Ohio Secretary of State Frank LaRose formally announced his candidacy for US Senate on Monday, joining a crowded Republican field hoping to challenge Democratic Sen. Sherrod Brown.
“It’s official: I’m running,” LaRose said on Twitter. “I’m on a mission to give back to the state that has given me so much. To continue to serve the country I love and fight to protect the values we share. That’s why I’m running to serve as your next United States senator.”
The Buckeye State, which backed former President Donald Trump in the 2016 and 2020 elections, has become increasingly conservative over the past decade. Brown, a progressive with a populist streak, is vying for a fourth term but is considered one of the cycle’s most vulnerable incumbents.
Ohio Republicans are now preparing for an expensive and potentially nasty primary, much like the contest in 2022 that ultimately sent J.D. Vance to the Senate, ahead of an even more costly general election campaign. Two unsuccessful candidates from that 2022 primary – state Sen. Matt Dolan, whose family owns the Cleveland Guardians, and Cleveland businessman Bernie Moreno – announced challenges to Brown earlier this year. Both are sitting on vast sums of personal wealth, while LaRose is expected to be a prolific fundraiser.
LaRose, who is currently serving a second term as Ohio’s top elections officer, is a decorated Iraq War veteran and previously spent eight years in the state Senate. After narrowly winning the secretary of state office in 2018, he was reelected last year by 20 points.
LaRose is a leading proponent of a ballot measure that Ohioans will consider in August, which would make it more difficult to amend the state constitution.
The proposal, which LaRose had initially described as being in the interests of “good government,” would raise the threshold needed to change the constitution in a statewide referendum from a simple majority to 60%. It also would require backers of ballot initiatives to get signatures from voters in all of Ohio’s 88 counties – rather than the current 44 – to place something on the ballot.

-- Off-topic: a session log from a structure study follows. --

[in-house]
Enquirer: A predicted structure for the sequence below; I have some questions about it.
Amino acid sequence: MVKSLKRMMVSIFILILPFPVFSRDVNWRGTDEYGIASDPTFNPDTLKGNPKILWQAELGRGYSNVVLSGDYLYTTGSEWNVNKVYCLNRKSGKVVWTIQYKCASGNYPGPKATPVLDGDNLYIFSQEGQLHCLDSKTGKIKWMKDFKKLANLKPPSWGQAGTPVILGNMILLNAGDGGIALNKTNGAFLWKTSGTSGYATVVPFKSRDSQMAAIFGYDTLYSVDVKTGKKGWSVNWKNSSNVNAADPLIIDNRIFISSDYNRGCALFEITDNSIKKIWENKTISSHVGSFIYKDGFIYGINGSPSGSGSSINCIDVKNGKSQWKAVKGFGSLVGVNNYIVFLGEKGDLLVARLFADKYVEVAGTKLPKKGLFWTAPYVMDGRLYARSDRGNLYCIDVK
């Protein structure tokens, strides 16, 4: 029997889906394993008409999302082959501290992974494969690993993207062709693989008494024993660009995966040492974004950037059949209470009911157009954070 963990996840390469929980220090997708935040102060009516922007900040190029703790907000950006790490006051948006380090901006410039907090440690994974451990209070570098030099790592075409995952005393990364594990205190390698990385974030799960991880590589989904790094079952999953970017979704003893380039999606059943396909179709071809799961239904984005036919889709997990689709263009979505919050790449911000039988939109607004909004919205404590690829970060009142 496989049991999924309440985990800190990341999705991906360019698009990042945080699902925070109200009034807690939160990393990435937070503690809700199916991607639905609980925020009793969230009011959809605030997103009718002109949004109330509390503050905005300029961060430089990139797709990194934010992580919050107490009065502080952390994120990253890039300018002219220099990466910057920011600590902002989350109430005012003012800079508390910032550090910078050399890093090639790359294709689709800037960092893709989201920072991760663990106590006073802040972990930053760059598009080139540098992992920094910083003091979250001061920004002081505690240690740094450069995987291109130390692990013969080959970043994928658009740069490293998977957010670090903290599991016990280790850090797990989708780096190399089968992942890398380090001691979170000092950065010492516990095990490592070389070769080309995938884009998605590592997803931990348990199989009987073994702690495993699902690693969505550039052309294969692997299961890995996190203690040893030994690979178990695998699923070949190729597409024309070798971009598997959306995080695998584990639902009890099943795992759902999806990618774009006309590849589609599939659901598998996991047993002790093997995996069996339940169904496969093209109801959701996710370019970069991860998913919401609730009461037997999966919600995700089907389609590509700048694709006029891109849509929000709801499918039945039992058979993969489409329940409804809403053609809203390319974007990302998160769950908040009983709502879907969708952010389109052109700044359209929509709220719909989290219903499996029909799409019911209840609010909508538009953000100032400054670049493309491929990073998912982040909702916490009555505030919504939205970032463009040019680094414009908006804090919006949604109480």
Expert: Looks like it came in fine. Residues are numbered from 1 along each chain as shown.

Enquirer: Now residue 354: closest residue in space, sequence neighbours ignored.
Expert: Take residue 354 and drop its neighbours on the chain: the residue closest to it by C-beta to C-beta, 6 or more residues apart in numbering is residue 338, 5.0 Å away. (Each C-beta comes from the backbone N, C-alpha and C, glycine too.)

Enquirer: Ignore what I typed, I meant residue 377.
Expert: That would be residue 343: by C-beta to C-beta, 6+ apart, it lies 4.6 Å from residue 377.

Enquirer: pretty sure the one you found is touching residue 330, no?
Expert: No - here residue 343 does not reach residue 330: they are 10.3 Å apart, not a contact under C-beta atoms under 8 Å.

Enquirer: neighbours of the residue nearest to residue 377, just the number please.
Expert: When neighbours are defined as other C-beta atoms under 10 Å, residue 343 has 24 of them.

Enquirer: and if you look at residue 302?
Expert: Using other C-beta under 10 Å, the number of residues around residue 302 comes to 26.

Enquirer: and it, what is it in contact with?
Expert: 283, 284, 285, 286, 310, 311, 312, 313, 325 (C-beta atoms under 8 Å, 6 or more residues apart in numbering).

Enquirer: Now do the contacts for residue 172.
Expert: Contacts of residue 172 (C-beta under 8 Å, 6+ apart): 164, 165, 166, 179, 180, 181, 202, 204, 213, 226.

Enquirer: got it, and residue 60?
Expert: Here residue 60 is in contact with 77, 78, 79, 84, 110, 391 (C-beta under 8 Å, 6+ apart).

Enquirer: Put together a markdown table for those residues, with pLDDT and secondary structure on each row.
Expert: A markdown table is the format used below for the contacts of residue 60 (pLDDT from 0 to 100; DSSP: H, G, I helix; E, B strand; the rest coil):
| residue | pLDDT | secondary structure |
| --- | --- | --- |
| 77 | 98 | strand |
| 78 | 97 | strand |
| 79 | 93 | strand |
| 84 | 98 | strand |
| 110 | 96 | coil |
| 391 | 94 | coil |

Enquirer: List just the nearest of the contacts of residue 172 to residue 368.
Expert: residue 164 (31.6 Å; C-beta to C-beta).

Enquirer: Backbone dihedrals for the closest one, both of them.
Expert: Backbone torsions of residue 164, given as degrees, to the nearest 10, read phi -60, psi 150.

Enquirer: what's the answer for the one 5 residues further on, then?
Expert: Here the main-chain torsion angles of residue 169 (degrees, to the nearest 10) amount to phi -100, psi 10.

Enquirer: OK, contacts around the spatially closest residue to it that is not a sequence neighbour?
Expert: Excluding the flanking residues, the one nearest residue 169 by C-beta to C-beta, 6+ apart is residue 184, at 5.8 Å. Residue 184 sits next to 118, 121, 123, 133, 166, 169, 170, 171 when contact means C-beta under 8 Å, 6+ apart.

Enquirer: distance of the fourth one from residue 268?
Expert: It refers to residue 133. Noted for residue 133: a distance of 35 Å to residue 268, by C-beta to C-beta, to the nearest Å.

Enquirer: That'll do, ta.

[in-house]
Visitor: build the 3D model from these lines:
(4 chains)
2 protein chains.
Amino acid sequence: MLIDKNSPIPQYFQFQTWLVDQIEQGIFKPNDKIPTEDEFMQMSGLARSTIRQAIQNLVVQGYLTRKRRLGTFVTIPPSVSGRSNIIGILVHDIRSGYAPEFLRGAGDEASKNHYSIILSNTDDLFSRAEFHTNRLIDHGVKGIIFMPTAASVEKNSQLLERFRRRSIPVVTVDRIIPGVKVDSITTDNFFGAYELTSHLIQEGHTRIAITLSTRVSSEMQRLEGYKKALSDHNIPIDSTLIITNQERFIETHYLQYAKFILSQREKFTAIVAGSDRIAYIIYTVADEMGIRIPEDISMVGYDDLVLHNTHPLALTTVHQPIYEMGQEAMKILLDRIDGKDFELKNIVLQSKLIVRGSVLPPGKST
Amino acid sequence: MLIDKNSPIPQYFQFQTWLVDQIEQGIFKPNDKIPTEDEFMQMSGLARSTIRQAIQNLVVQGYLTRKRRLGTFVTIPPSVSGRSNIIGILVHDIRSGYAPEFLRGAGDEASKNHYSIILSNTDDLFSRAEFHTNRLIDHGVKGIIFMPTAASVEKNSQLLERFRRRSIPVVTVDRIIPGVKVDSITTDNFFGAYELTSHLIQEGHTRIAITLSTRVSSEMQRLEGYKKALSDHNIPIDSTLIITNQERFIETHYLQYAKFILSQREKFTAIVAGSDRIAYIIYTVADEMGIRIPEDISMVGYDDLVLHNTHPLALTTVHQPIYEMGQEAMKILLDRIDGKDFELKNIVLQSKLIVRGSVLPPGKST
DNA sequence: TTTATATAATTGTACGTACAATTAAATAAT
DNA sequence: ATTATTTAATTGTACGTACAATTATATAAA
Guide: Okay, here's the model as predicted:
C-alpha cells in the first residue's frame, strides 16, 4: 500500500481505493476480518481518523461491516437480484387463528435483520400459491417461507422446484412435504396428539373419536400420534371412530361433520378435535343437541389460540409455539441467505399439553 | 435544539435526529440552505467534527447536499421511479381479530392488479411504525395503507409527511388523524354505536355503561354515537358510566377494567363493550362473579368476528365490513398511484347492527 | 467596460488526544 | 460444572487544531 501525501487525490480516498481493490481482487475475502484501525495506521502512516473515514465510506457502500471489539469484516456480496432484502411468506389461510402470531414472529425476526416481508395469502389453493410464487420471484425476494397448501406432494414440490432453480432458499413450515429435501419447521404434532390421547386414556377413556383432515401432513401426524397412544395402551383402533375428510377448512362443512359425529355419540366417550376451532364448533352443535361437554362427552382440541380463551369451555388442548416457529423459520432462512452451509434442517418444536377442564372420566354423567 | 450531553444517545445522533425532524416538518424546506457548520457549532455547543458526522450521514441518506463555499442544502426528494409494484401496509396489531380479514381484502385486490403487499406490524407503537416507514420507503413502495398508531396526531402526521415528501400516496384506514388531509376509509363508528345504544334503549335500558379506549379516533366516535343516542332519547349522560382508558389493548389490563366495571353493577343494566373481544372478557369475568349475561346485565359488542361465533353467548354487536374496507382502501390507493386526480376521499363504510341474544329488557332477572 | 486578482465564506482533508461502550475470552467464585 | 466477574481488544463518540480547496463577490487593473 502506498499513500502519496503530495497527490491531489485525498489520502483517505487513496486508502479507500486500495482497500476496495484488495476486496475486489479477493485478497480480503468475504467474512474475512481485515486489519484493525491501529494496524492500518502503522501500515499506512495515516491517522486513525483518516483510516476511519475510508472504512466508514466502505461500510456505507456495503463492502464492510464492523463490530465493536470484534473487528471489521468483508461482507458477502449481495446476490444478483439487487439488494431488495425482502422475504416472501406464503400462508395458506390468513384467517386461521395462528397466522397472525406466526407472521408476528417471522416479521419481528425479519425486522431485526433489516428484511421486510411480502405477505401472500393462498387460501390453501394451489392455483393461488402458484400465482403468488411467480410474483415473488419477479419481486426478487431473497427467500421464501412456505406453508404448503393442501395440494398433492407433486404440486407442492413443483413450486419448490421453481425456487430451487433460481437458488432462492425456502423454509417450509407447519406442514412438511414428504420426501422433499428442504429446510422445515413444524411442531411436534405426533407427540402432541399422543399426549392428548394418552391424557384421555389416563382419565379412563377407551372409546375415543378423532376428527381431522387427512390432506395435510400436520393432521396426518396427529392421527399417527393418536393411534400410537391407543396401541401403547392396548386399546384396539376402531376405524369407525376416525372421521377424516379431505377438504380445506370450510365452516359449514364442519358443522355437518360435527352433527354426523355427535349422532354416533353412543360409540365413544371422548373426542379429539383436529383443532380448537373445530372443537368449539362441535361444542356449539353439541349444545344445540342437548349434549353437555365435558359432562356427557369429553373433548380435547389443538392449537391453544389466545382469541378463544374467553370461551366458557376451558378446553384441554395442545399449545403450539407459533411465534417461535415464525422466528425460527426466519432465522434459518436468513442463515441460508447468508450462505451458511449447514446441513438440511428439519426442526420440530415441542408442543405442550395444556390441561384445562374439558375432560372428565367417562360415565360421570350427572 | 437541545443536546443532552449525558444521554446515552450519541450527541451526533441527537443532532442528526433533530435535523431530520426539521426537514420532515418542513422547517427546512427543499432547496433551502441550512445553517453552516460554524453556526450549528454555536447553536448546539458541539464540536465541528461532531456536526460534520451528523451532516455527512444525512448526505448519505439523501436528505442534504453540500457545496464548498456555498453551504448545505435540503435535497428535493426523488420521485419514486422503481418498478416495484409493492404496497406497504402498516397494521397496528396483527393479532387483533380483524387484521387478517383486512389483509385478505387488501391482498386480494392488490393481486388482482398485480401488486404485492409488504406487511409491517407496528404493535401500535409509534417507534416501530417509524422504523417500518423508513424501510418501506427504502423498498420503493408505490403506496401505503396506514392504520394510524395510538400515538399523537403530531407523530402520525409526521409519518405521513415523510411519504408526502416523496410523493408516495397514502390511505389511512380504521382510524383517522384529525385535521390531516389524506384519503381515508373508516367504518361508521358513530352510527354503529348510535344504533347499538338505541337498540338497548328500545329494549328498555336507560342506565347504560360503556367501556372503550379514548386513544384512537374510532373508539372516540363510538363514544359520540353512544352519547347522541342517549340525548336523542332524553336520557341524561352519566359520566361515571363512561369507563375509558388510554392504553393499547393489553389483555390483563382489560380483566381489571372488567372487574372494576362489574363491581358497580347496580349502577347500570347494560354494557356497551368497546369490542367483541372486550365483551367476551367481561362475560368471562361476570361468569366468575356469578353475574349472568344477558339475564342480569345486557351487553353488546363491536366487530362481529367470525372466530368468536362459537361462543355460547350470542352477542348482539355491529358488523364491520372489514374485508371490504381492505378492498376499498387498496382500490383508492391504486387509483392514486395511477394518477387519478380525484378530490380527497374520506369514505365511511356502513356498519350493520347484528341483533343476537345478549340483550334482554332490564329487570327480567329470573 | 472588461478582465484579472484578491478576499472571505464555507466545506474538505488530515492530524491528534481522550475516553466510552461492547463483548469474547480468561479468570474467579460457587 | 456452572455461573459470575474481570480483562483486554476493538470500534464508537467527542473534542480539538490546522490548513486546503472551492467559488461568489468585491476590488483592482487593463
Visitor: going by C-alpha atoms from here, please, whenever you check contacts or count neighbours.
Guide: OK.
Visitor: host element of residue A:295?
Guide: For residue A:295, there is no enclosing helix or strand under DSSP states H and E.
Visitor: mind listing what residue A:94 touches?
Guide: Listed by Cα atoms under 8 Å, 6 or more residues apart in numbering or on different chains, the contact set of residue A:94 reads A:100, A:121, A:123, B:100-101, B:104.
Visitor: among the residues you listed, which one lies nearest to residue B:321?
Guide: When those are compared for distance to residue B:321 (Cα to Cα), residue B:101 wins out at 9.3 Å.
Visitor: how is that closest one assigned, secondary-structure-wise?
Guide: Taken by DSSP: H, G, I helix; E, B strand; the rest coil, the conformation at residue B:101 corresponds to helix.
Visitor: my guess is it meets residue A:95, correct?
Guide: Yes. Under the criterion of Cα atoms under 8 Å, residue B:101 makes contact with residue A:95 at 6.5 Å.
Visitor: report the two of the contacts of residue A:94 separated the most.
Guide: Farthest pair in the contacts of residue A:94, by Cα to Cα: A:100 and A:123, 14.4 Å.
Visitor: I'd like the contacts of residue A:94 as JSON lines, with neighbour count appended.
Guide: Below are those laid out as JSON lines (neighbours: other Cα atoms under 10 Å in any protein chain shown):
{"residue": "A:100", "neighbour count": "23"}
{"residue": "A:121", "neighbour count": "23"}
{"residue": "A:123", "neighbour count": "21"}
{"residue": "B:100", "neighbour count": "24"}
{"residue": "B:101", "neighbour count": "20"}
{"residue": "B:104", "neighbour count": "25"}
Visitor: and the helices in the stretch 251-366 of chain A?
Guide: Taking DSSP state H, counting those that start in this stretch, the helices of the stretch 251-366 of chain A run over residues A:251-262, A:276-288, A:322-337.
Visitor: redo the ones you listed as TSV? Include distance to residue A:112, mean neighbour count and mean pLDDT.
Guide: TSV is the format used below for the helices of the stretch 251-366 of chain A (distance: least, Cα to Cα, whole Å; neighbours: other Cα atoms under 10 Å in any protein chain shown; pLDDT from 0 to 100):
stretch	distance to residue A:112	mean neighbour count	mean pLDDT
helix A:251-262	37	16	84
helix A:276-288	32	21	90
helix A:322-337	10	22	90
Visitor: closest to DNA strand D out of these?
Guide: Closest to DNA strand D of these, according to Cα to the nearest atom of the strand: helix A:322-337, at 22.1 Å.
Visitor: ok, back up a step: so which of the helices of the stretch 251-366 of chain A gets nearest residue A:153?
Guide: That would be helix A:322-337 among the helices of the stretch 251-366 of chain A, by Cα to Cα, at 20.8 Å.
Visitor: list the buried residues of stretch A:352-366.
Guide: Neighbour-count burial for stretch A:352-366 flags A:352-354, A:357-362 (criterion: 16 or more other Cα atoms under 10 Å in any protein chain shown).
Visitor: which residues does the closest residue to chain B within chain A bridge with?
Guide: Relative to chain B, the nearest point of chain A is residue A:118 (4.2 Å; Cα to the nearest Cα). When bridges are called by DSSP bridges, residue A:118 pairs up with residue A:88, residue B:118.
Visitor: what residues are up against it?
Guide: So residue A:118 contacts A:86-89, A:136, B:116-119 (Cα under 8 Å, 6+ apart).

But LaRose later said publicly what many had assumed – that the measure was designed to push back against another potential ballot measure, which would enshrine abortion rights in the state’s constitution.
Abortion rights groups submitted 710,000 signatures to LaRose’s office on July 5 – roughly 300,000 more than state law requires – in a bid to get the measure on the November ballot.
“Some people say, ‘This is all about abortion.’ Well, you know what, I’m pro-life; I think many of you are as well, right?” LaRose said in May of the effort to raise the threshold. “This is 100% about keeping a radical, pro-abortion amendment out of our constitution. The left wants to jam it in there this coming November.”
The effort to raise the threshold for an amendment and the likely ensuing fight over abortion rights will be expensive and fiercely contested. Democrats are hoping those fights mobilize their base ahead of the 2024 election, especially as all three leading GOP Senate primary candidates celebrated the US Supreme Court’s decision overturning Roe v. Wade in 2022.
LaRose and Dolan, though, could face some headwinds among Republicans over their hesitance to embrace Trump. Dolan did not seek the former president’s endorsement during his 2022 Senate campaign. LaRose said at a closed-door event reported on by Politico in May that the influence of Trump’s support had diminished. He estimated that as much as 60% of the party “doesn’t care who he endorses.” Still, LaRose – who before the 2020 election called it “irresponsible” for Republicans to claim without evidence that an election was “stolen” – touted Trump’s endorsement of his own reelection campaign ahead of last year’s midterms. He also tweeted, about two months before the endorsement landed, that “President Trump is right to say voter fraud is a serious problem.”
In March, LaRose announced that Ohio had left a voting integrity group targeted by Trump and conservative groups, joining several other Republican-led states. LaRose criticized the Electronic Registration Information Center, or ERIC – a multistate consortium that aims to help maintain accurate voter rolls – for refusing “to embrace reforms that would bolster confidence in its performance.” Less than two weeks earlier, Trump had baselessly said that ERIC “pumps the (voter) rolls” for Democrats.
Despite LaRose’s more recent actions, Moreno is more closely allied with the former president, who touted the Colombian immigrant’s entry into the race this spring.
“Word is that Bernie Moreno, the highly respected businessman from the GREAT STATE of OHIO, and the father-in-law of fantastic young Congressman, Max Miller, is thinking of running for the Senate,” Trump wrote in a post to his Truth Social site. “He would not be easy to beat, especially against Brown, one of the worst in the Senate!”
LaRose has not endorsed in the 2024 presidential primary but has committed to supporting the eventual GOP nominee.
This story has been updated with additional details.